Mind your language

Is there still really a need for the Irish language requirement to join An Garda Síochána asks Ciarán O’Neill?

In September 2005, the then Minister for Justice, Equality and Law Reform, Michael Mc Dowell amended the academic requirements for new entrants into An Garda Síochána. He stated that the requirement to have an academic qualification in Irish had effectively ruled out non-nationals in becoming members of An Garda Síochána. At that time, an estimated 10% of all people living here were born outside the State. Successful candidates in the recruiting competitions would still have to take basic lessons in the Irish language as part of their Garda training.

Those changes are in force today for entry level Garda recruits and as it currently stands, the educational requirements for entry into An Garda Síochána are as follows:-
Applicants must have (a) obtained an Irish Leaving Certificate with a grade D3 minimum in five subjects at Ordinary Level and must have a proven proficiency in two languages; one of which must be Irish or English. In the last competition for Garda recruits, there were three application streams i.e. (i) General; (ii) Fluency in the Irish Language and, (iii) Eligible Serving Garda Reserve Members.

All good so far – so why am I concerned about the need for the Irish language as an entry requirement? I have over 25 years’ experience in An Garda Síochána and throughout my career I have had to use the Irish language only twice. I’m not against the Irish language – far from it – indeed my own children were educated in Gaelscoileanna. However, I do recall an interview with a young man on the RTE Liveline programme who badly wanted to be a Garda but was prohibited from doing so because he had dyslexia and he was exempted from Irish in the Leaving Certificate and so, did not meet the necessary requirements. If he had passed English and Latin, he’d have been fine but because of his disability, he was ineligible.

In their submission to the Commission on the Future of Policing, the Dyslexia Association of Ireland states that if An Garda Síochána wants to attract the best applicants, then surely the recruitment process should aim to seek individuals with the relevant strengths rather than penalising those with weaknesses, which are largely irrelevant to the day to day work of a garda. The fact that a candidate didn’t study a European language or Irish at school because of his or her dyslexia, does not mean that they are not a potentially excellent police officer.

It is estimated that one in 10 people are coping with dyslexia and I am aware of a number of them who are in An Garda Síochána. Our police force does recognise the rights of these individuals once inside the job and has recently implemented the availability of reasonable accommodation for those who may need it in all internal competitions and promotions. However, no such provision applies for new recruits at Garda entry level.

The same restriction however does not apply at entry levels above the rank of Superintendent. The 2005 Garda Síochána Act allows the appointment of members of the Police Service of Northern Ireland into the ranks of Superintendent, Chief Superintendent and Assistant Commissioner. There is no requirement for members of the PSNI joining An Garda Síochána to have Irish – or in fact any second language.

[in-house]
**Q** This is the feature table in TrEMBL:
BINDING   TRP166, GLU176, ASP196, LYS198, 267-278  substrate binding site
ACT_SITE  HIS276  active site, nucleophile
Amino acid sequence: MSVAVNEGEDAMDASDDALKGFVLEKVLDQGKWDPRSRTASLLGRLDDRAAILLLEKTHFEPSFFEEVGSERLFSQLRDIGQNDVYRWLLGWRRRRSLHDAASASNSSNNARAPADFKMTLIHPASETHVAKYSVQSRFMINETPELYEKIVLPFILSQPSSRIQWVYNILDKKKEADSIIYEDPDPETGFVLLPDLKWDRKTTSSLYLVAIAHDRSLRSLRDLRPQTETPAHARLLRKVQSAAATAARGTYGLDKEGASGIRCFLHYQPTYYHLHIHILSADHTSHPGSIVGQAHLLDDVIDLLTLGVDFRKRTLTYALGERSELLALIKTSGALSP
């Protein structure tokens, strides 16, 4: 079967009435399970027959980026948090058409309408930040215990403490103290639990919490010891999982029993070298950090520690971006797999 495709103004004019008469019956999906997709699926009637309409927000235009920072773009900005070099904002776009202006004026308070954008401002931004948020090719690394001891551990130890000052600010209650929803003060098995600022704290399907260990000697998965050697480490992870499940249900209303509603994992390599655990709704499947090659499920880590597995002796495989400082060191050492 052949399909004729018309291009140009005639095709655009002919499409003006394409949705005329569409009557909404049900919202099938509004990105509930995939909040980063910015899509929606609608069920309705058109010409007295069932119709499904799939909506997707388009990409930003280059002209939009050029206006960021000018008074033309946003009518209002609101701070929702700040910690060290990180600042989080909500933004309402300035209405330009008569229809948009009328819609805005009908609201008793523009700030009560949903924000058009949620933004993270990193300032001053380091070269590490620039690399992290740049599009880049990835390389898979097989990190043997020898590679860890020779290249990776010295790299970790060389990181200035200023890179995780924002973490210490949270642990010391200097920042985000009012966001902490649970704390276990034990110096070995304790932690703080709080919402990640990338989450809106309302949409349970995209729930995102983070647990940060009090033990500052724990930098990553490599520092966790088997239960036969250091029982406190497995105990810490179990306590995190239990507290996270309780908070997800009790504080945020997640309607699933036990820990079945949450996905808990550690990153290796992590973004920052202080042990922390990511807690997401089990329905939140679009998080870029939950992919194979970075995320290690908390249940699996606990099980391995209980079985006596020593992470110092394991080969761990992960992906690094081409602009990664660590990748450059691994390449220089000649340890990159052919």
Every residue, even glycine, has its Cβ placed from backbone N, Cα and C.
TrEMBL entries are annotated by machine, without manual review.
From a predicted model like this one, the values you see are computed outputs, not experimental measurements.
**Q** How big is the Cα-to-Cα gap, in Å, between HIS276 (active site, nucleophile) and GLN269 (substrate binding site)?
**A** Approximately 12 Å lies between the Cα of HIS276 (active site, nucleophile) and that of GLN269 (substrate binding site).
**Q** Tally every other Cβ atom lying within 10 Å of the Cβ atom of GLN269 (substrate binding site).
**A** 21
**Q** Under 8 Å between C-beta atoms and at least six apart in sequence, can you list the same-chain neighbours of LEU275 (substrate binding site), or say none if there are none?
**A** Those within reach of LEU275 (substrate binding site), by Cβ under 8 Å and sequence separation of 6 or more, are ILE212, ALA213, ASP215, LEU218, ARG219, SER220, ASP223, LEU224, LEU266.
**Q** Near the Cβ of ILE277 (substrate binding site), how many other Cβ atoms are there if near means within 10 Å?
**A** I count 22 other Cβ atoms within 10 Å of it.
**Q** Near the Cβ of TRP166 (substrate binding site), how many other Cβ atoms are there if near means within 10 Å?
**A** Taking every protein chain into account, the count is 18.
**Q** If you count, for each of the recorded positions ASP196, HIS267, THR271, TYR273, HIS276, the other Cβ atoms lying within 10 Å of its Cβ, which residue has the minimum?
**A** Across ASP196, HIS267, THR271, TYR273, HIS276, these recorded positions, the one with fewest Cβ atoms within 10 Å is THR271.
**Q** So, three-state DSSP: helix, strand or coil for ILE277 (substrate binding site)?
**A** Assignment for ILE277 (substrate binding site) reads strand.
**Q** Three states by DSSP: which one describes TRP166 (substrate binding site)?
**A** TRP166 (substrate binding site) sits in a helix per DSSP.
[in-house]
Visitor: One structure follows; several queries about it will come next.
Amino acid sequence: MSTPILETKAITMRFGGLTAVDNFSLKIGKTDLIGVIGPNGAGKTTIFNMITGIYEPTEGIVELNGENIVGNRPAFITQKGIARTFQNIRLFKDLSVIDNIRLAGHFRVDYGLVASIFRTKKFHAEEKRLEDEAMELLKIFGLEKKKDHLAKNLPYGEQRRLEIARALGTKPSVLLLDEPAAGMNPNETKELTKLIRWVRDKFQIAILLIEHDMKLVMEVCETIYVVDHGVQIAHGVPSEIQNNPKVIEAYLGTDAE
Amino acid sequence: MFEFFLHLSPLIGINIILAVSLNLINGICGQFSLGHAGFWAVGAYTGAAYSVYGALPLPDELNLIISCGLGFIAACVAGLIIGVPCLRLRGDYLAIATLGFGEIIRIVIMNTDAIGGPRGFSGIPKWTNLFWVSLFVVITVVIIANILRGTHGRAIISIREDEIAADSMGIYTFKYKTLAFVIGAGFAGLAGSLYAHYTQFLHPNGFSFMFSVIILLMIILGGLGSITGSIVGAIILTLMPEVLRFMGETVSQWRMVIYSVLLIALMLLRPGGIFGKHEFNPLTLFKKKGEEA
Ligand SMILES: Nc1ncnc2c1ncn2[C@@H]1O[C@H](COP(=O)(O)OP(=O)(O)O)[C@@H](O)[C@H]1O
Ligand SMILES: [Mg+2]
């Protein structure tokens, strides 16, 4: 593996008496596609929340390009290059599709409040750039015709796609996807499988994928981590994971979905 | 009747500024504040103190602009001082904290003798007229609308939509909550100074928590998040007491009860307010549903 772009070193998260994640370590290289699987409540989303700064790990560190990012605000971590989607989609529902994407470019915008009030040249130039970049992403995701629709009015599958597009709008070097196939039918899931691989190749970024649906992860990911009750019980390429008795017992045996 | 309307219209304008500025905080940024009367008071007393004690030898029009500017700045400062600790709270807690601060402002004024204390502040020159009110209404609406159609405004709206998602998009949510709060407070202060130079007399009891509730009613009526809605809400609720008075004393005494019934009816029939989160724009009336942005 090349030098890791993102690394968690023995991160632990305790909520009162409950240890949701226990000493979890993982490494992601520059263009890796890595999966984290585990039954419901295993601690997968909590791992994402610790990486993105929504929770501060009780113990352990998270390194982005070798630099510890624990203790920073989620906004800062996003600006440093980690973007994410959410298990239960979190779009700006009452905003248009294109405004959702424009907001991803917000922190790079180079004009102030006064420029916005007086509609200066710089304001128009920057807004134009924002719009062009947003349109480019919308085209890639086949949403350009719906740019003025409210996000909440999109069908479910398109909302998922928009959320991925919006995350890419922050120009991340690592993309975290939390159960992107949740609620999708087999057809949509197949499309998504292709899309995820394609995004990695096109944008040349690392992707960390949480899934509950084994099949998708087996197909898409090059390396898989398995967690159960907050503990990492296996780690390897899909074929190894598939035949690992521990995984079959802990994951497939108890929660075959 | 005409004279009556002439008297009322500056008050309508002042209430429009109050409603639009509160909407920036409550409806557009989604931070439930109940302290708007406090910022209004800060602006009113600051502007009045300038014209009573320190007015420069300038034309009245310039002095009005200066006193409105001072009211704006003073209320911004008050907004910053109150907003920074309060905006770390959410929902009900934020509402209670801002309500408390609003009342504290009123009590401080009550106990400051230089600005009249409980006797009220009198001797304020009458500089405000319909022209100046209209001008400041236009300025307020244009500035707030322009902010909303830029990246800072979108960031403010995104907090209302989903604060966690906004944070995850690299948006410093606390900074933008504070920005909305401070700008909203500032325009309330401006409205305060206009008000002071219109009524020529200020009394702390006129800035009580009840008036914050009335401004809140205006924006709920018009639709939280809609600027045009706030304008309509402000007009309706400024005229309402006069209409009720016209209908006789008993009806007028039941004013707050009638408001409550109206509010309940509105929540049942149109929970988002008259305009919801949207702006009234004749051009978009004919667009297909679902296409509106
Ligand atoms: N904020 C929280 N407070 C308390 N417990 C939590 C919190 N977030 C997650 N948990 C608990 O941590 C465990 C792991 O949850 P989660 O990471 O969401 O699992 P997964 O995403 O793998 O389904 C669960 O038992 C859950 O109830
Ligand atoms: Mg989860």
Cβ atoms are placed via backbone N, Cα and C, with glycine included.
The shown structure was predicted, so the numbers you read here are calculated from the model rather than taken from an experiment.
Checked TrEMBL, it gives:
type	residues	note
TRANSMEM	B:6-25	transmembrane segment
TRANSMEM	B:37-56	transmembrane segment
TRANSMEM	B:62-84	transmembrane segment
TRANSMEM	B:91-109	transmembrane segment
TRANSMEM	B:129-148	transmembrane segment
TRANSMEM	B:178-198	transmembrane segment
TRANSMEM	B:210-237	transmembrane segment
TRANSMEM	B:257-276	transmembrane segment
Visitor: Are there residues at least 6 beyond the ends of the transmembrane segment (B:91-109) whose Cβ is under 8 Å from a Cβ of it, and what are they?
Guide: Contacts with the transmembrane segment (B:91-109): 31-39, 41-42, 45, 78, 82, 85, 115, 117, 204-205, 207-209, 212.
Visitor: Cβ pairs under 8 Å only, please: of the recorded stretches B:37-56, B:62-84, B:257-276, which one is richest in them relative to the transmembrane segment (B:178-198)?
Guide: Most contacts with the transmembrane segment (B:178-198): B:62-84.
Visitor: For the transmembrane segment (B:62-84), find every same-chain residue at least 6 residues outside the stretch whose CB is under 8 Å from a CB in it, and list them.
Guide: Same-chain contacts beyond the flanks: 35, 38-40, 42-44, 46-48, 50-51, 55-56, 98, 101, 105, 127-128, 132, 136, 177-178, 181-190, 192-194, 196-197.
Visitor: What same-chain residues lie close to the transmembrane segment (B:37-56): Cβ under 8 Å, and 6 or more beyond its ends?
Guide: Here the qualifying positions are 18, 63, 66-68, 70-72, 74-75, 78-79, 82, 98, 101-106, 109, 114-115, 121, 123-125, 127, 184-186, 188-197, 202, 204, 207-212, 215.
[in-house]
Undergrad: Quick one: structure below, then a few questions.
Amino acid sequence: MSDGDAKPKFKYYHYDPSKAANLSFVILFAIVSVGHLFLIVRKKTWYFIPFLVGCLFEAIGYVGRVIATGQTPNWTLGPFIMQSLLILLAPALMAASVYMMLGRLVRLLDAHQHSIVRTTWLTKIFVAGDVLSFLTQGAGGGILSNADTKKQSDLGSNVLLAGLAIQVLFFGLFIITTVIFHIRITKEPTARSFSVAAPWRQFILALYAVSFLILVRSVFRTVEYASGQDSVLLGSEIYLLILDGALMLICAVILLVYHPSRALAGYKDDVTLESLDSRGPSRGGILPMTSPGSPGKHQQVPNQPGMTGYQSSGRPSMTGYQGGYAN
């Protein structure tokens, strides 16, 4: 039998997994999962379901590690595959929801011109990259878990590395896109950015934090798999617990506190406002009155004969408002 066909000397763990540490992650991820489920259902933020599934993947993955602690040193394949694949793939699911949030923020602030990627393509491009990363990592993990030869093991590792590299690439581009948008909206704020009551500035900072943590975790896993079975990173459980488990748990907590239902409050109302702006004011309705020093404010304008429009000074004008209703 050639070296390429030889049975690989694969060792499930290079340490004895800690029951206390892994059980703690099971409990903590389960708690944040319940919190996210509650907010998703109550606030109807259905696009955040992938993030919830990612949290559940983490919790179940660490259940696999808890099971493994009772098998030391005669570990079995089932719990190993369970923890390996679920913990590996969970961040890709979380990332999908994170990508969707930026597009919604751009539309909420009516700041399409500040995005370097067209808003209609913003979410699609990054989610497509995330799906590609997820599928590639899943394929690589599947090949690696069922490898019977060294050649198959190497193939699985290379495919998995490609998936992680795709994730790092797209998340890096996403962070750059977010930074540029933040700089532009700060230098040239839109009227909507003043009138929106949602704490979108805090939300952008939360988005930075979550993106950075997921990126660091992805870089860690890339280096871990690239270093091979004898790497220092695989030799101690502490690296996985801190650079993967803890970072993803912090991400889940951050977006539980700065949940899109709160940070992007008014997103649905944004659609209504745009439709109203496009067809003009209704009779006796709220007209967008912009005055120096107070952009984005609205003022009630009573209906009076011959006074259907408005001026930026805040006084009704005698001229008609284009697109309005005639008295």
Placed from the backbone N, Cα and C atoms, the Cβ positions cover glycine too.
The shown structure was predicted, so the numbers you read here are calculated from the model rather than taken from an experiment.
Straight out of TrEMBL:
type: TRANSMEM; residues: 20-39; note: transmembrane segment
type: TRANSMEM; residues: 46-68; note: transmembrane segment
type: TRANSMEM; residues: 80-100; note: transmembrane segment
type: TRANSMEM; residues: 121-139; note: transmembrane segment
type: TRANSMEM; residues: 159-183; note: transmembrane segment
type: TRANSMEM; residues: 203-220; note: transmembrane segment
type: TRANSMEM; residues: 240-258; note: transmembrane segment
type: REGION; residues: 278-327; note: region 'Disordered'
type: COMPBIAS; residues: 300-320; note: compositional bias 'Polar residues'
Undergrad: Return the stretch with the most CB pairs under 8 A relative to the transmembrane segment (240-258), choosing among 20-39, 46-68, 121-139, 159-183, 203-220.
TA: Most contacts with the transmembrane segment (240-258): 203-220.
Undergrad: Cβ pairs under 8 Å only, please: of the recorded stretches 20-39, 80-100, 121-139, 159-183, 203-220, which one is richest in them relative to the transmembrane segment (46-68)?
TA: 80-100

The recent Government contingency paper indicates the need for secondary legislation to make provision for UK citizens to become members of An Garda Síochána and the Garda Reserve. Would this require the need for those applicants to have Irish or a second language? The answer is unknown at this stage.
Every person has the right to conduct their business through the medium of Irish and that is accepted, but cases before the courts which are heard in Irish are conducted with the use of interpreters. Interpreters are used by An Garda Síochána every day to deal with the interactions with foreign nationals and persons with little or no understanding of the English language, and the same services are also available for non-Irish speakers.

As stated previously, I am not against the Irish language – I just have to query the necessity to have it as an entry requirement if it is being taught to recruits in the Garda College. Not everyone has Irish entering the Garda Síochána but, save English, is there really a need for two languages?

In August 2019, the Department of Education amended the system for granting exemptions from the study of Irish which they say was long overdue. It was an attempt to make the system fairer and more supportive of students, while at the same time ensuring that all children have equal access to study the Irish language. Maybe it is now time we had a look at the need for Irish as an entry requirement in An Garda Síochána so that we too can also have a fairer and more supportive system.

Ciarán O’Neill is a former President of the GRA and GRA Representative for SDU. He is also a member of the Garda Review Editorial Board

For full and in-depth coverage, see the current printed edition of Garda Review.

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